does not exceed Twenty thousand pesos (P20,000.00) or, in civil actions in Metro Manila,
where such assessed value does not exceed Fifty thousand pesos (P50,000.00) x x x.

But was the Sebess action one involving title to, or possession of, real property or any interest in it or
one the subject of which is incapable of pecuniary estimation?

The Sebes claim that their action is, first, for the declaration of nullity of the documents of conveyance
that defendant Sevilla tricked them into signing and, second, for the reconveyance of the certificate of title for
the two lots that Sevilla succeeded in getting. The subject of their action is, they conclude, incapable of
pecuniary estimation.

An action involving title to real property means that the plaintiffs cause of action is based on a claim
that he owns such property or that he has the legal rights to have exclusive control, possession, enjoyment, or
disposition of the same.[47] Title is the legal link between (1) a person who owns property and (2) the property
itself.[48]

Title is different from a certificate of title which is the document of ownership under
the Torrens system of registration issued by the government through the Register of Deeds. [49] While title is the
claim, right or interest in real property, a certificate of title is the evidence of such claim.

Another way of looking at it is that, while title gives the owner the right to demand or be issued a
certificate of title, the holder of a certificate of title does not necessarily possess valid title to the real
property. The issuance of a certificate of title does not give the owner any better title than what he actually has
in law.[50] Thus, a plaintiffs action for cancellation or nullification of a certificate of title may only be a
necessary consequence of the defendants lack of title to real property. Further, although the certificate of title
may have been lost, burned, or destroyed and later on reconstituted, title subsists and remains unaffected unless
it is transferred or conveyed to another or subjected to a lien or encumbrance.[51]

Nestled between what distinguishes a title from a certificate of title is the present controversy between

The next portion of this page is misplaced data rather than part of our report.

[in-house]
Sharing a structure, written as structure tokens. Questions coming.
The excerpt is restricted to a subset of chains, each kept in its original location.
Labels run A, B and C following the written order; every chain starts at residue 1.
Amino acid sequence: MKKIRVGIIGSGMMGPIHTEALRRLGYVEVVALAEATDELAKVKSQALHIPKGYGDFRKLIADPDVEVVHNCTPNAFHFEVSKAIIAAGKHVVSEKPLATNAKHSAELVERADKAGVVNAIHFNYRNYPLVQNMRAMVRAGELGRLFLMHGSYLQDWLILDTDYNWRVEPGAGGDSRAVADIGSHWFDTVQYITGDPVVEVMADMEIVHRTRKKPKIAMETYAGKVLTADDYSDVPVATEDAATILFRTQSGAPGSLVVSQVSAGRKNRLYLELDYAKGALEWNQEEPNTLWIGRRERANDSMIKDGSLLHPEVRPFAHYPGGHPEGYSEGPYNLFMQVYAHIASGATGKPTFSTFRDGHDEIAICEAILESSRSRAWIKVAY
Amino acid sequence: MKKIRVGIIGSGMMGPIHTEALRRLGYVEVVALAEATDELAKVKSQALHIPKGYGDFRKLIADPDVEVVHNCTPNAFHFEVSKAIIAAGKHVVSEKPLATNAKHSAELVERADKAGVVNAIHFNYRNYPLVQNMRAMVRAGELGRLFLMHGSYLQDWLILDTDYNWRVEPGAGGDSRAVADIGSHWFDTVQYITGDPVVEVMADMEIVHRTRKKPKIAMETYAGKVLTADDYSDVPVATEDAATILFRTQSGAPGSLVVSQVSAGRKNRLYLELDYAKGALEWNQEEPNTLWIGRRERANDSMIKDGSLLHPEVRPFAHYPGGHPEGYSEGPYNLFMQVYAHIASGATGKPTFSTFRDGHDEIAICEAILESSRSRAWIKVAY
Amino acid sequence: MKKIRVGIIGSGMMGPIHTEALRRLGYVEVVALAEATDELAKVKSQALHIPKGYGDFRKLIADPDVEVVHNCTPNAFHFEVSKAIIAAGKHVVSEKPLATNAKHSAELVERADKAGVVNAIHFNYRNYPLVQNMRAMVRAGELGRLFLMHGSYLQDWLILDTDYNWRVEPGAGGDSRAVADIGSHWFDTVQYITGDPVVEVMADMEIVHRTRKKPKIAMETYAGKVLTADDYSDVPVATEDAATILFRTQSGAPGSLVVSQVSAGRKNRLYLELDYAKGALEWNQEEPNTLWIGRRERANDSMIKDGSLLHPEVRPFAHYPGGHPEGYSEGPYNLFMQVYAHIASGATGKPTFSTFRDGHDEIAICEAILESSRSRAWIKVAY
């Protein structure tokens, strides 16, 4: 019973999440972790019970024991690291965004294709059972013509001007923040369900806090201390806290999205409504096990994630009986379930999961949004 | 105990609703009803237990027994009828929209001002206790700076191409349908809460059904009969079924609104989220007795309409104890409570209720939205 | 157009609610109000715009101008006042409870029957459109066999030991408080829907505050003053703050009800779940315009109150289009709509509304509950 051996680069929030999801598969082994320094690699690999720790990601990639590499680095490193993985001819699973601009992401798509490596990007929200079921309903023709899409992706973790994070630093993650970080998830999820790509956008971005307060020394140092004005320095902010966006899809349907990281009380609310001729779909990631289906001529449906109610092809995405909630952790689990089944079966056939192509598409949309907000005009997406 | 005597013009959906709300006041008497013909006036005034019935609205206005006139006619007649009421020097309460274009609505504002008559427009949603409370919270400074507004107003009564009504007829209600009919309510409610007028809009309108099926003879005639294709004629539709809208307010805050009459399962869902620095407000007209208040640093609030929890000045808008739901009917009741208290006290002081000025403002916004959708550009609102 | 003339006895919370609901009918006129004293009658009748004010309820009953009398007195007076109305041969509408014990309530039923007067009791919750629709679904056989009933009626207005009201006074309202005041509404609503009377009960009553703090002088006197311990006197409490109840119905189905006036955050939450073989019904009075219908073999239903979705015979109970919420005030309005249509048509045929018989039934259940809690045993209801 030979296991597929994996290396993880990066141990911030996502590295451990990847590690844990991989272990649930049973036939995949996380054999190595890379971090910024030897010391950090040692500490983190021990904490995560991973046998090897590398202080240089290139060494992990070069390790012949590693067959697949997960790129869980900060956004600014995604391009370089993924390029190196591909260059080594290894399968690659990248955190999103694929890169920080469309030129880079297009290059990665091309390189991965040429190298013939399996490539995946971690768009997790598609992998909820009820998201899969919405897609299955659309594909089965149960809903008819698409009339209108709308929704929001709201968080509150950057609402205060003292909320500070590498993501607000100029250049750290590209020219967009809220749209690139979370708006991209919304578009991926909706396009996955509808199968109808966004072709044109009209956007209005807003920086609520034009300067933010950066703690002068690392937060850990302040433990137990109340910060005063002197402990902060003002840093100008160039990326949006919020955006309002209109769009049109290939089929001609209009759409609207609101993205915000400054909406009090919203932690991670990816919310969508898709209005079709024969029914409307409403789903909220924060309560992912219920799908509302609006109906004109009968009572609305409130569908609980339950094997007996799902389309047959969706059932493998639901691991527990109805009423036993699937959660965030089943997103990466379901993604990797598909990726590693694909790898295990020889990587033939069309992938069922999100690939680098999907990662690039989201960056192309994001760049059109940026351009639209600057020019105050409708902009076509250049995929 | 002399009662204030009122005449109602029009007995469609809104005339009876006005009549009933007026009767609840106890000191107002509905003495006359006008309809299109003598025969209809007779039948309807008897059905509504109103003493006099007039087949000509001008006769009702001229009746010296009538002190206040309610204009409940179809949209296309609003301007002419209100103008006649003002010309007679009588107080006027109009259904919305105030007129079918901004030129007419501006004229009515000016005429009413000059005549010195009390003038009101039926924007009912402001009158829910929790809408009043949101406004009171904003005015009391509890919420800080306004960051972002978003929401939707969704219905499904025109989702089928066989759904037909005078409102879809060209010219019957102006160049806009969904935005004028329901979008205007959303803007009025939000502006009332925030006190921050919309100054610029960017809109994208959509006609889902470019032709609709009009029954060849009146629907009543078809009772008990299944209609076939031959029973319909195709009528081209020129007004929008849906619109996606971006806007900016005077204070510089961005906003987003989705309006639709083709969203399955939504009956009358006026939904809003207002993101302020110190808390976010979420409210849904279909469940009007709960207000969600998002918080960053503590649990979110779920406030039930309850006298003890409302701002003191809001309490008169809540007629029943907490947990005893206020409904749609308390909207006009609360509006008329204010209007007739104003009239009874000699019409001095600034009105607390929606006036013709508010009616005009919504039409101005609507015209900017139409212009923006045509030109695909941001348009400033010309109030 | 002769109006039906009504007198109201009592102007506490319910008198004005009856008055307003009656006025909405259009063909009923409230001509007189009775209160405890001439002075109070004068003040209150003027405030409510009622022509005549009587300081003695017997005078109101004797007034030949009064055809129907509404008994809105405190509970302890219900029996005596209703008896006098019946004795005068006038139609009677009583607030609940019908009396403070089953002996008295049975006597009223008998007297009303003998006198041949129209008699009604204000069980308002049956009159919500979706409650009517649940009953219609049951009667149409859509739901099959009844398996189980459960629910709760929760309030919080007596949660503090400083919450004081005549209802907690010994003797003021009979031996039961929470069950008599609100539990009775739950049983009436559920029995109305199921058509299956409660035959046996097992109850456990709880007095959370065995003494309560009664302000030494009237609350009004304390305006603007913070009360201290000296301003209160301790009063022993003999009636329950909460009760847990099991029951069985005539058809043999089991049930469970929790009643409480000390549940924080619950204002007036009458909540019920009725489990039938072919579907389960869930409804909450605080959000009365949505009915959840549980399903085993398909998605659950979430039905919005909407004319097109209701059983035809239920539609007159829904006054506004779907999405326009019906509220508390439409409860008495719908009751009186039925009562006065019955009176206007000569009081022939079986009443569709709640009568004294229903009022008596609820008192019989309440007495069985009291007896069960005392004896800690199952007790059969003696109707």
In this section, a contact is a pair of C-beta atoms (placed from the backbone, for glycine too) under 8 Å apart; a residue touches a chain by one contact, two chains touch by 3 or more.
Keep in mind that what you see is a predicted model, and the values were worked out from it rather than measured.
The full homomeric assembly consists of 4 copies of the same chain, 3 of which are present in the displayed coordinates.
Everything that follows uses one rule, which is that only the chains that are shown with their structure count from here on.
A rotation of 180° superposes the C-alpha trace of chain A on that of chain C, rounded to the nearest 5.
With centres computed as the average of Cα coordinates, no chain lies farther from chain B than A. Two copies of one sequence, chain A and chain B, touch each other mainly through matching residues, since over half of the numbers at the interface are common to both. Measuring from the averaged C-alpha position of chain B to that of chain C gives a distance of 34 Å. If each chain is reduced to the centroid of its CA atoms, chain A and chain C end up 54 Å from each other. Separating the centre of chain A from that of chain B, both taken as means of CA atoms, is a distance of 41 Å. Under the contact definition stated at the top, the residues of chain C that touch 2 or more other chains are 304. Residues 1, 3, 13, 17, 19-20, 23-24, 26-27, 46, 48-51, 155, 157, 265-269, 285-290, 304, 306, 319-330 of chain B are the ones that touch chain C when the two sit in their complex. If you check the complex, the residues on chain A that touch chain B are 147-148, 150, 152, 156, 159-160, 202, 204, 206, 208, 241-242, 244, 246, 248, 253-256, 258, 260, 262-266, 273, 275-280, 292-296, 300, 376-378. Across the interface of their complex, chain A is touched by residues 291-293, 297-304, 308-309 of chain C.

the Sebes and defendant Sevilla. Which of them has valid title to the two lots and would thus be legally entitled
to the certificates of title covering them?

The Sebes claim ownership because according to them, they never transferred ownership of the same to
anyone. Such title, they insist, has remained with them untouched throughout the years, excepting only that in
1991 they constituted a real estate mortgage over it in defendant Sevillas favor. The Sebes alleged that defendant
Sevilla violated their right of ownership by tricking them into signing documents of absolute sale, rather than
just a real estate mortgage to secure the loan that they got from him.
Assuming that the Sebes can prove that they have title to or a rightful claim of ownership over the two
lots, they would then be entitled, first, to secure evidence of ownership or certificates of title covering the same
and, second, to possess and enjoy them. The court, in this situation, may in the exercise of its equity jurisdiction
and without ordering the cancellation of the Torrens titles issued to defendant Sevilla, direct the latter to
reconvey the two lots and their corresponding Torrens titles to them as true owners.[52]

The present action is, therefore, not about the declaration of the nullity of the documents or the reconveyance to
the Sebes of the certificates of title covering the two lots. These would merely follow after the trial court shall
have first resolved the issue of which between the contending parties is the lawful owner of such lots, the one
also entitled to their possession. Based on the pleadings, the ultimate issue is whether or not defendant Sevilla
defrauded the Sebes of their property by making them sign documents of conveyance rather than just a deed of
real mortgage to secure their debt to him. The action is, therefore, about ascertaining which of these parties is
the lawful owner of the subject lots, jurisdiction over which is determined by the assessed value of such lots.

Here, the total assessed value of the two lots subject of the suit is P9,910.00. Clearly, this amount does
not exceed the jurisdictional threshold value of P20,000.00 fixed by law. The other damages that the Sebes
claim are merely incidental to their main action and, therefore, are excluded in the computation of the
jurisdictional amount.

WHEREFORE, premises considered, the petition is DISMISSED. The Order dated August 8, 2006,
of the Regional Trial Court of Dipolog City, Branch 9, in Civil Case 5435, is AFFIRMED.

SO ORDERED.
[13]
B.P. 129, Sec. 19. Jurisdiction in civil cases Regional Trial Courts shall exercise exclusive original